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Tuesday, Sept. 11, 2007

Off the nuclear mainstream


On July 16, a magnitude-6.8 earthquake struck Niigata Prefecture, causing widespread damage and an emergency shutdown of four of the seven reactors at the Kashiwazaki-Kariwa nuclear power plant. (The remaining three reactors were undergoing regular checks.) The Chuetsu-oki Earthquake touched off a fire and caused considerable damage to equipment at the plant.

Since they require a large amount of cooling water, nuclear power plants must be located on a seacoast. As a result, they are exposed to risks of earthquakes originating under the seafloor.

When seeking official approval of plans to build nuclear power plants, utility companies are required to make sure that the plants are sufficiently quake-resistant. The fact that the Kashiwazaki-Kariwa power plant, one of the world's largest and most advanced of its kind, suffered such damage demonstrates that the scale of the quake exceeded designers' expectations.

This means that the quake-level assumption on which power plant design was based was inadequate. The possibility cannot be ruled out that that an unknown number of Japan's 55 nuclear power reactors may have been built on similarly flawed assumptions.

In recent years, nuclear power has received more favorable attention worldwide. For the first time in 30 years, the U.S. government has approved a plan to build a nuclear power plant.

In Sweden, which had decided to phase out nuclear power by 2010 on the basis of a 1980 national referendum, public opinion polls show that the majority of respondents now oppose its abolition. A change of government has led to the shift in public opinion.

As of last March, one-third of the nuclear power reactors in Sweden were shut down due in part to accidents. At present, hydroelectric and nuclear sources each provide 46 percent of the country's power needs; thermal power based on coal, oil and natural gas accounts for only 5 percent of the total.

A surge in the prices of oil and other fossil fuels has contributed to the growing interest in nuclear power. The Japan Business Federation and the Ministry of Economy, Trade and Industry agree that nuclear power is the trump card in the battle against global warming.

In late 1997, when the Kyoto Protocol was adopted, experts said Japan must build 20 more nuclear power stations by 2010. At about that time, however, public resistance to nuclear power was building, as indicated by the overwhelming rejection, in an Aug. 4, 1996, referendum, of a plan to build a nuclear power station at Maki, Niigata Prefecture.

In 2001, the majority of voters in referendums rejected plans for "pluthermal" power generation (which reuses plutonium extracted from spent reactor fuel) at Kashiwazaki-Kariwa and for construction of a nuclear power plant at Miyama, Mie Prefecture.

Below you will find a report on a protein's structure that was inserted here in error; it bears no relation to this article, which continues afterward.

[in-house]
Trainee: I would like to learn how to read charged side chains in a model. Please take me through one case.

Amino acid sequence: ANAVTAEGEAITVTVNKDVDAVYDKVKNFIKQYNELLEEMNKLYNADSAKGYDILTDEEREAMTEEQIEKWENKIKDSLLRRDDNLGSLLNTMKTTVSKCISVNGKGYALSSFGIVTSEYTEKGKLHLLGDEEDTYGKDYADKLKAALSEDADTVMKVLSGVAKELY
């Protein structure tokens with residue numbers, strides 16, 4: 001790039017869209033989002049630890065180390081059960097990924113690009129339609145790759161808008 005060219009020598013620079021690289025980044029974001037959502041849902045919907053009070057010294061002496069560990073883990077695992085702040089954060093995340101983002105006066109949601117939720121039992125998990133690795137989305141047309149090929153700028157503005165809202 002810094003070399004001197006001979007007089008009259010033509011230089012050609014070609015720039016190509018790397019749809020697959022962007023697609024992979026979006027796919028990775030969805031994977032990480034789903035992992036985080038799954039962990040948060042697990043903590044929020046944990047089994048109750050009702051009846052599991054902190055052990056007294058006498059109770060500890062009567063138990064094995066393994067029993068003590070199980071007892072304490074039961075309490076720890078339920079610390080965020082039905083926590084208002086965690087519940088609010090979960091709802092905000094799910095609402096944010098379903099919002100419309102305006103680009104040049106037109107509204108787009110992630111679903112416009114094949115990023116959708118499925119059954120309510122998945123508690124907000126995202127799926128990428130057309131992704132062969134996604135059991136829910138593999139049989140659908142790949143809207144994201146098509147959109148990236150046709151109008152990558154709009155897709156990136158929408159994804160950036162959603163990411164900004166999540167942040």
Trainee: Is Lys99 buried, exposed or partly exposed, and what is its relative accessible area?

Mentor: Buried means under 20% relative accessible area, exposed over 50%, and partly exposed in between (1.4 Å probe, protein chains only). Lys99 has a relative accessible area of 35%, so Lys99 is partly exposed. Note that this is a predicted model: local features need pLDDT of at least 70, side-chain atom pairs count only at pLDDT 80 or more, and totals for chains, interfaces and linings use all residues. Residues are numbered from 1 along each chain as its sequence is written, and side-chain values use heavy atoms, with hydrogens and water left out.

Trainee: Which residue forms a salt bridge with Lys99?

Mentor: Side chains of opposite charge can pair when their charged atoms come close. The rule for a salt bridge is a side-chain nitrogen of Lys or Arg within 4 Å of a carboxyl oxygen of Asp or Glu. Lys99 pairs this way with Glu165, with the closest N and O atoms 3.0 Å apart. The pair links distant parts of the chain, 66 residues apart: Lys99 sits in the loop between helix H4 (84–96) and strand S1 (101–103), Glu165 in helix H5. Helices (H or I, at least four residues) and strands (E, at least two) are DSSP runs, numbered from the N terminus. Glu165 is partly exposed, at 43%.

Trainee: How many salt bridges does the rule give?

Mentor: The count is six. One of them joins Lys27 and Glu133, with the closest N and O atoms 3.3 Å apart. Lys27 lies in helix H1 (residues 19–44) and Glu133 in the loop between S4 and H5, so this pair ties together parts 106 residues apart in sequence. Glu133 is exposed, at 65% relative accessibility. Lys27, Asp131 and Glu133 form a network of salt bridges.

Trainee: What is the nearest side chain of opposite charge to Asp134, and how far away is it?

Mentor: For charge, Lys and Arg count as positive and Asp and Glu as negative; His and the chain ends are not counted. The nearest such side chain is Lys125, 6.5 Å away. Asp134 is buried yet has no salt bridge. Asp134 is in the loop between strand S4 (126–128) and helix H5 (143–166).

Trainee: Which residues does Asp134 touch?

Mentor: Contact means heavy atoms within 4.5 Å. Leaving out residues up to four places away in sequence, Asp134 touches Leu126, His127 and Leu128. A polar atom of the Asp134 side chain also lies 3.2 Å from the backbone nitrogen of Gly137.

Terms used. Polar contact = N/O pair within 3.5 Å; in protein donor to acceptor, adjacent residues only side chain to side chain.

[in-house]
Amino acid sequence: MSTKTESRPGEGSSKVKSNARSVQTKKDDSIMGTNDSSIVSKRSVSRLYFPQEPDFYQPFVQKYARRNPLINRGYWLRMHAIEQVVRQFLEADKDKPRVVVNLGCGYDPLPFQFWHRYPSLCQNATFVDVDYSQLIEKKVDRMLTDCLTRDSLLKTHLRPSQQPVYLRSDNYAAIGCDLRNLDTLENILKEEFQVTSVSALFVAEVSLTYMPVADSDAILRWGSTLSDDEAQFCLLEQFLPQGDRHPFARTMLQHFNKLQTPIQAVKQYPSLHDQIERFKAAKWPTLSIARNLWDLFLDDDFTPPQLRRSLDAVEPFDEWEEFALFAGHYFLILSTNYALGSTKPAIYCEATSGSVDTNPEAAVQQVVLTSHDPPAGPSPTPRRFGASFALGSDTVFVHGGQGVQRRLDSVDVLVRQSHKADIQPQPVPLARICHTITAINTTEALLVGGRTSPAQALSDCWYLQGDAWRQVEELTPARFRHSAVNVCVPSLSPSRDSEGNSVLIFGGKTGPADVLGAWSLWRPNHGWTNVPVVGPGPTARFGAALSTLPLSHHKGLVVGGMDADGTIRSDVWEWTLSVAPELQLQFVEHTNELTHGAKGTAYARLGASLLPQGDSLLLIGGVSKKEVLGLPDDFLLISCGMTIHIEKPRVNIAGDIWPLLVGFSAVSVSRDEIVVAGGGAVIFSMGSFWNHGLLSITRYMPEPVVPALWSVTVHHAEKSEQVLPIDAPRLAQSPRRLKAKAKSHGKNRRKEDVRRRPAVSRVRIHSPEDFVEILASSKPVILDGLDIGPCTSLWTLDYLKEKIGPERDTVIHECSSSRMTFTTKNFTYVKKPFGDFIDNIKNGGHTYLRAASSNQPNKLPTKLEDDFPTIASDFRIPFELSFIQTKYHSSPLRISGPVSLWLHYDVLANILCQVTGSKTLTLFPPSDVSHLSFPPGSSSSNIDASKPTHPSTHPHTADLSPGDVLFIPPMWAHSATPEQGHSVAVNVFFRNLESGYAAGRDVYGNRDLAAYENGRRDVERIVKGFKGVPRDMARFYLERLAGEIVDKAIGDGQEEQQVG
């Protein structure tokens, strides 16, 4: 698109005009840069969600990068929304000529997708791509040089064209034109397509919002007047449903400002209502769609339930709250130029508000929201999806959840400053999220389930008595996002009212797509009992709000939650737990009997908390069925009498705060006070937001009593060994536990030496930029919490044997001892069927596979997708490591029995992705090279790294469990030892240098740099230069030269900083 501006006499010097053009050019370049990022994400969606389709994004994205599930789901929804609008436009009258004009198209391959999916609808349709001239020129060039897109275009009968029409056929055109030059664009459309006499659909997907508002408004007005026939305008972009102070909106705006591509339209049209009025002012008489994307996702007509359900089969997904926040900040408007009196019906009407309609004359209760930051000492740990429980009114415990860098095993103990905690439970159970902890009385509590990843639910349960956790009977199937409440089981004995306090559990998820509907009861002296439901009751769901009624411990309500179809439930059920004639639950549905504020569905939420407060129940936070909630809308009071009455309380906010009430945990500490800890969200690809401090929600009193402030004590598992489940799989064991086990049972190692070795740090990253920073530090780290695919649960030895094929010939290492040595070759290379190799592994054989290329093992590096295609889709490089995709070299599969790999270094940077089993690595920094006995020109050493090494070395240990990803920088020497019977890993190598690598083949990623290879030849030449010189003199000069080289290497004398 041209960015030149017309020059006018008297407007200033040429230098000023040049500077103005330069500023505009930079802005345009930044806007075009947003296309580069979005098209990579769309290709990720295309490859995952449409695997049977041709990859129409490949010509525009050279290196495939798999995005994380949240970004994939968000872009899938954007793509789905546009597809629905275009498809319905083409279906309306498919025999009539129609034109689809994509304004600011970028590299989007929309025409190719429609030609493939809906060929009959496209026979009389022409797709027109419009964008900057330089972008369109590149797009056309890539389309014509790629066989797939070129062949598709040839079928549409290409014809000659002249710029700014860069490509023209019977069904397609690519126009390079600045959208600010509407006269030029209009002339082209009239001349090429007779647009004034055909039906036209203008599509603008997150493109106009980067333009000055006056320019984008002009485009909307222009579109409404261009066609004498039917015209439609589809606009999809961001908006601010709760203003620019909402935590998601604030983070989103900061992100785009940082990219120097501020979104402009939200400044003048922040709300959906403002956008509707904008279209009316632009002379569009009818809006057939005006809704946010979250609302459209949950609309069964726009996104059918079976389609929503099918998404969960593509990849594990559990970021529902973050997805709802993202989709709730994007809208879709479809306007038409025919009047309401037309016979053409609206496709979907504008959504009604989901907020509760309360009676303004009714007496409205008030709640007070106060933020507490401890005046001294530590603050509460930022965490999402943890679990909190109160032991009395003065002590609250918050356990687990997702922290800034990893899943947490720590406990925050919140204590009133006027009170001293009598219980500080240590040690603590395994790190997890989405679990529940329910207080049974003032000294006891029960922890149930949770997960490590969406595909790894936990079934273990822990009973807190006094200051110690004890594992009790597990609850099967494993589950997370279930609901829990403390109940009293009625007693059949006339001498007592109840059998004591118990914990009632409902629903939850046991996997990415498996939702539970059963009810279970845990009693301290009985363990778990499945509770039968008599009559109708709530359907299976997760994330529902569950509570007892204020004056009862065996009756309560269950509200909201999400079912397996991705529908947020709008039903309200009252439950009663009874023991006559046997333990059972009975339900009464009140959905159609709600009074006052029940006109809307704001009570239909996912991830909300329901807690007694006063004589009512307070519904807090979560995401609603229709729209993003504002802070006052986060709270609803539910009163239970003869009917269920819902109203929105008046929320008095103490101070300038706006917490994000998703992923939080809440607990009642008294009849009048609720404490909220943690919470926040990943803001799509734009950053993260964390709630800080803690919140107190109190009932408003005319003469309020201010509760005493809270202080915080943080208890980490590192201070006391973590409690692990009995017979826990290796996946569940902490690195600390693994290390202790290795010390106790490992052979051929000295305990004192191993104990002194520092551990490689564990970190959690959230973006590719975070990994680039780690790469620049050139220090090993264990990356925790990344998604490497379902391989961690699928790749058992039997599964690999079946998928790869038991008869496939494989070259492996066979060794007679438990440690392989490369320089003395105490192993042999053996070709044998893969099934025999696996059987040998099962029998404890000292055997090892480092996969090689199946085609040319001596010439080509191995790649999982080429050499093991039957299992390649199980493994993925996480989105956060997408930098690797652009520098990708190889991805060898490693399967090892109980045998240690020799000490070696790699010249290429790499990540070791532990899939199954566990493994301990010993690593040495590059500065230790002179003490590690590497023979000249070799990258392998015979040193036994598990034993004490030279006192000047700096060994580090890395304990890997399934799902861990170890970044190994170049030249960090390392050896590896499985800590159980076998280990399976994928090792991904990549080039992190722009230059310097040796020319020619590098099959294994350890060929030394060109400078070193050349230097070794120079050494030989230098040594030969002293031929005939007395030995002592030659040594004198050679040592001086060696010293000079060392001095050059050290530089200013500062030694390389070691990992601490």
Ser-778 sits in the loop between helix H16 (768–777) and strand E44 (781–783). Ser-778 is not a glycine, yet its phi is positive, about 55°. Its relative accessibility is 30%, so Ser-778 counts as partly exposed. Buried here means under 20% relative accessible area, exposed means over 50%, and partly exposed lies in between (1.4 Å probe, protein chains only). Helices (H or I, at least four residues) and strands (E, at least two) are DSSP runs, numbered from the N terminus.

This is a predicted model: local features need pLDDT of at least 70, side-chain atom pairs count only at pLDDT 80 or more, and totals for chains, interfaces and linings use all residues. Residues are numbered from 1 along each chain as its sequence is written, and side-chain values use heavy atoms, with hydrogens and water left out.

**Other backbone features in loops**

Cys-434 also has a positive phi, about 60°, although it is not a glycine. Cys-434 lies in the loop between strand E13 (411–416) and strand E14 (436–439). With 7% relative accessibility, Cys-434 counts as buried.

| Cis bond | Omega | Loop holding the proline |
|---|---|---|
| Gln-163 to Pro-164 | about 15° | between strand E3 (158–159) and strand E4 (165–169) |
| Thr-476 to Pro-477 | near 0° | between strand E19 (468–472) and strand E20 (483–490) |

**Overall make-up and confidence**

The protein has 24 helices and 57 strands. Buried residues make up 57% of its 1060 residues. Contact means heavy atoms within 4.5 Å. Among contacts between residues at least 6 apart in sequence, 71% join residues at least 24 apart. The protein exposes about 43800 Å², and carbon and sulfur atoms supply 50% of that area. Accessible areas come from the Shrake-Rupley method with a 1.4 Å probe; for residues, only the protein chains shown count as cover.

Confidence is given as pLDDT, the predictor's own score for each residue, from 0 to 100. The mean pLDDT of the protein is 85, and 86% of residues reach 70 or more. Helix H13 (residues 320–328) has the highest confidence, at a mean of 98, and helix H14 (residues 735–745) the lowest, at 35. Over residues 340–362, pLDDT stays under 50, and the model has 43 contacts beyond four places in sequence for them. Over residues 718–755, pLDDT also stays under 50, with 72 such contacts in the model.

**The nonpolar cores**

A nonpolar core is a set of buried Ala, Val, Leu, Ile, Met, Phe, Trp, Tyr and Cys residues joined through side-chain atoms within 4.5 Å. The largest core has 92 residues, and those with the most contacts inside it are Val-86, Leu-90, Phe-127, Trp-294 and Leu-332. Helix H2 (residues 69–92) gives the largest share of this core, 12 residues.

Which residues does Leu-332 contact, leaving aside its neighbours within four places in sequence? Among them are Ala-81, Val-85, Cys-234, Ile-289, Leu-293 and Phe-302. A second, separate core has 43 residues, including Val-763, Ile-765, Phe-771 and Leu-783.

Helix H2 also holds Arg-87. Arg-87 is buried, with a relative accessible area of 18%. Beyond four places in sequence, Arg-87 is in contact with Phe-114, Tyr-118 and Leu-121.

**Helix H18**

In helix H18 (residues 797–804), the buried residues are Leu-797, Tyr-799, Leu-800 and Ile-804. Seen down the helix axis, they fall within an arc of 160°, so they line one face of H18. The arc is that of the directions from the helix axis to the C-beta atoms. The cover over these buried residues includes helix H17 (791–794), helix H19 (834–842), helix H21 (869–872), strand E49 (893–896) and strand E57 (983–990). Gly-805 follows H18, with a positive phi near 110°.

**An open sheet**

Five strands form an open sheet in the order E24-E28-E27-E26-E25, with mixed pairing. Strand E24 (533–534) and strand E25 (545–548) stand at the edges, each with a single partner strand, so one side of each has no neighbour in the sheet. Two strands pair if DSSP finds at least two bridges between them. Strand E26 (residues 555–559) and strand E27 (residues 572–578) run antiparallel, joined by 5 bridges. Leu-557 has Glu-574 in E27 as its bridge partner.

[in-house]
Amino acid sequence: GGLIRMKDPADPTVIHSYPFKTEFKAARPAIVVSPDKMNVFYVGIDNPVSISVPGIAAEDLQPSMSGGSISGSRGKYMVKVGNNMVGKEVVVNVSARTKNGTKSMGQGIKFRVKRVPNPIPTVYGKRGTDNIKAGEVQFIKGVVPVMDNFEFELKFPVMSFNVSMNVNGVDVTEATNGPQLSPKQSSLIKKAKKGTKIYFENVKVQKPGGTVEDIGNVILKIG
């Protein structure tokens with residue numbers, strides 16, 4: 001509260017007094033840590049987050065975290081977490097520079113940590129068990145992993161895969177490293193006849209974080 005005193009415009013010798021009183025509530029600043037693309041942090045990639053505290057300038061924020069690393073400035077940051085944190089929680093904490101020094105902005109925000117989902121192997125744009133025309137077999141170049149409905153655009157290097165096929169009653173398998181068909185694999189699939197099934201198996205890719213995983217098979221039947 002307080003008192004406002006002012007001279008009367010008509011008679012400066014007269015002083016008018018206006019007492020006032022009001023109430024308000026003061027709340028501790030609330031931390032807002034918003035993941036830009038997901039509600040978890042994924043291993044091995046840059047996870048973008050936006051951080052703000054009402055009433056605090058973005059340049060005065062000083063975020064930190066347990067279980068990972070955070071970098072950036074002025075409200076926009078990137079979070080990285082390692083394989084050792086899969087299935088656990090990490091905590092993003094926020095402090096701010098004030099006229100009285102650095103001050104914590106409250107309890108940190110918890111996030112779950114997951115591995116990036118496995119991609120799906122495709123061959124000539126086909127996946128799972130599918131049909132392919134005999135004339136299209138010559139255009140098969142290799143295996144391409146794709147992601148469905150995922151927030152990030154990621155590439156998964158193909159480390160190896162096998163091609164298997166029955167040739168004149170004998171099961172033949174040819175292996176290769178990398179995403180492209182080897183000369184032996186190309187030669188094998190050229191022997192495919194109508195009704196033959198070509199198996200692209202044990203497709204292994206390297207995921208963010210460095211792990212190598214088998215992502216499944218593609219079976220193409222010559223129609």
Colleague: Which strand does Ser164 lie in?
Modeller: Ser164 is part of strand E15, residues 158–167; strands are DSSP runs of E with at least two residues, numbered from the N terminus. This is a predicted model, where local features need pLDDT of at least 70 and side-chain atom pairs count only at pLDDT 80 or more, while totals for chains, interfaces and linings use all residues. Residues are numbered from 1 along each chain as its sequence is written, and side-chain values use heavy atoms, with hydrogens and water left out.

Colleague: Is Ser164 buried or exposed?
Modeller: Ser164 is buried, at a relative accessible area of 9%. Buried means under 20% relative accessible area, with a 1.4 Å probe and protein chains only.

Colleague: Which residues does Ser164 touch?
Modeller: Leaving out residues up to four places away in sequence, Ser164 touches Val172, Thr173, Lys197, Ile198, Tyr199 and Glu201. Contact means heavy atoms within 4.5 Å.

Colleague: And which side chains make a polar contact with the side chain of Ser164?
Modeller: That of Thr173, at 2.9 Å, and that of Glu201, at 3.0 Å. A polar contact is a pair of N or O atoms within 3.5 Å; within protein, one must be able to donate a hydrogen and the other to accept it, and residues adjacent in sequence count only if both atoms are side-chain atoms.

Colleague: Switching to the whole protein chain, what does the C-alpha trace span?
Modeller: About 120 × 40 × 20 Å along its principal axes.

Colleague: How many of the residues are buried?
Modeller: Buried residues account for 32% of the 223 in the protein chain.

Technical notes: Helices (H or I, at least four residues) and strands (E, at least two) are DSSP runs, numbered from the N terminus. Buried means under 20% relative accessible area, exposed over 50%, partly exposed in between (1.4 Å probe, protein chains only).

Since 1998, only two nuclear power reactors have gone on stream, with six more scheduled for installation or expansion.

Now that annual growth in electricity demand has slowed to about 1 percent, it is questionable whether a new nuclear power plant with an output of more than 1 million kilowatts could be justified. As a result, power companies, which are obliged to operate under liberalized rules for electric power production, may have little, if any, incentive to build new nuclear power stations or expand existing ones.

Crude oil is expected to be available for exploitation another 40 years. Although oil deposits are unlikely to be entirely depleted during this time, a spike in oil prices is inevitable. If gasoline prices rise to about ¥500 per liter, gasoline-powered automobiles will inevitably disappear.

Alternative fuels most likely will be biofuels such as bio-ethanol and biodiesel fuels — unless their production leads to food shortages and deforestation. Therefore, expect automobiles to run on electricity. One possibility is the fuel cell, which produces electricity from the reaction between hydrogen, obtained during the electrolyzation of water, and an oxidizing agent. Another is an automobile powered by rechargeable batteries.

Natural energies will not be enough to satisfy power needs. The only alternatives are coal-based thermal and nuclear power. One option is to use biofuels only for aircraft and ships and to ban its general use for automobiles.

Even as rising oil prices make nuclear power indispensable as a power source in coming decades, it will not be necessary to build new large-capacity nuclear power stations if the liberalization of electric power production continues amid slower growth in electricity demand.

To preserve nuclear power technology and engineering talent in the meantime, the government should establish a nuclear power-supply public corporation to build nuclear power stations at a steady pace and to manage the wholesaling of the power produced to utilities. By continuing to build nuclear power stations, the government would be able maintain the availability of nuclear power engineers and related industrial technology.

As indicated by the closure of the University of Tokyo's time-honored nuclear engineering department, Japan's nuclear power technology is in decline. Because developing countries in Asia are expected to push the construction of nuclear power stations in the immediate future, Japan needs to maintain its advanced nuclear power technology so that it can help those countries.

Takamitsu Sawa is a professor at Ritsumeikan University's Graduate School of Policy Science and a specially appointed professor at Kyoto University's Institute of Economic Research.


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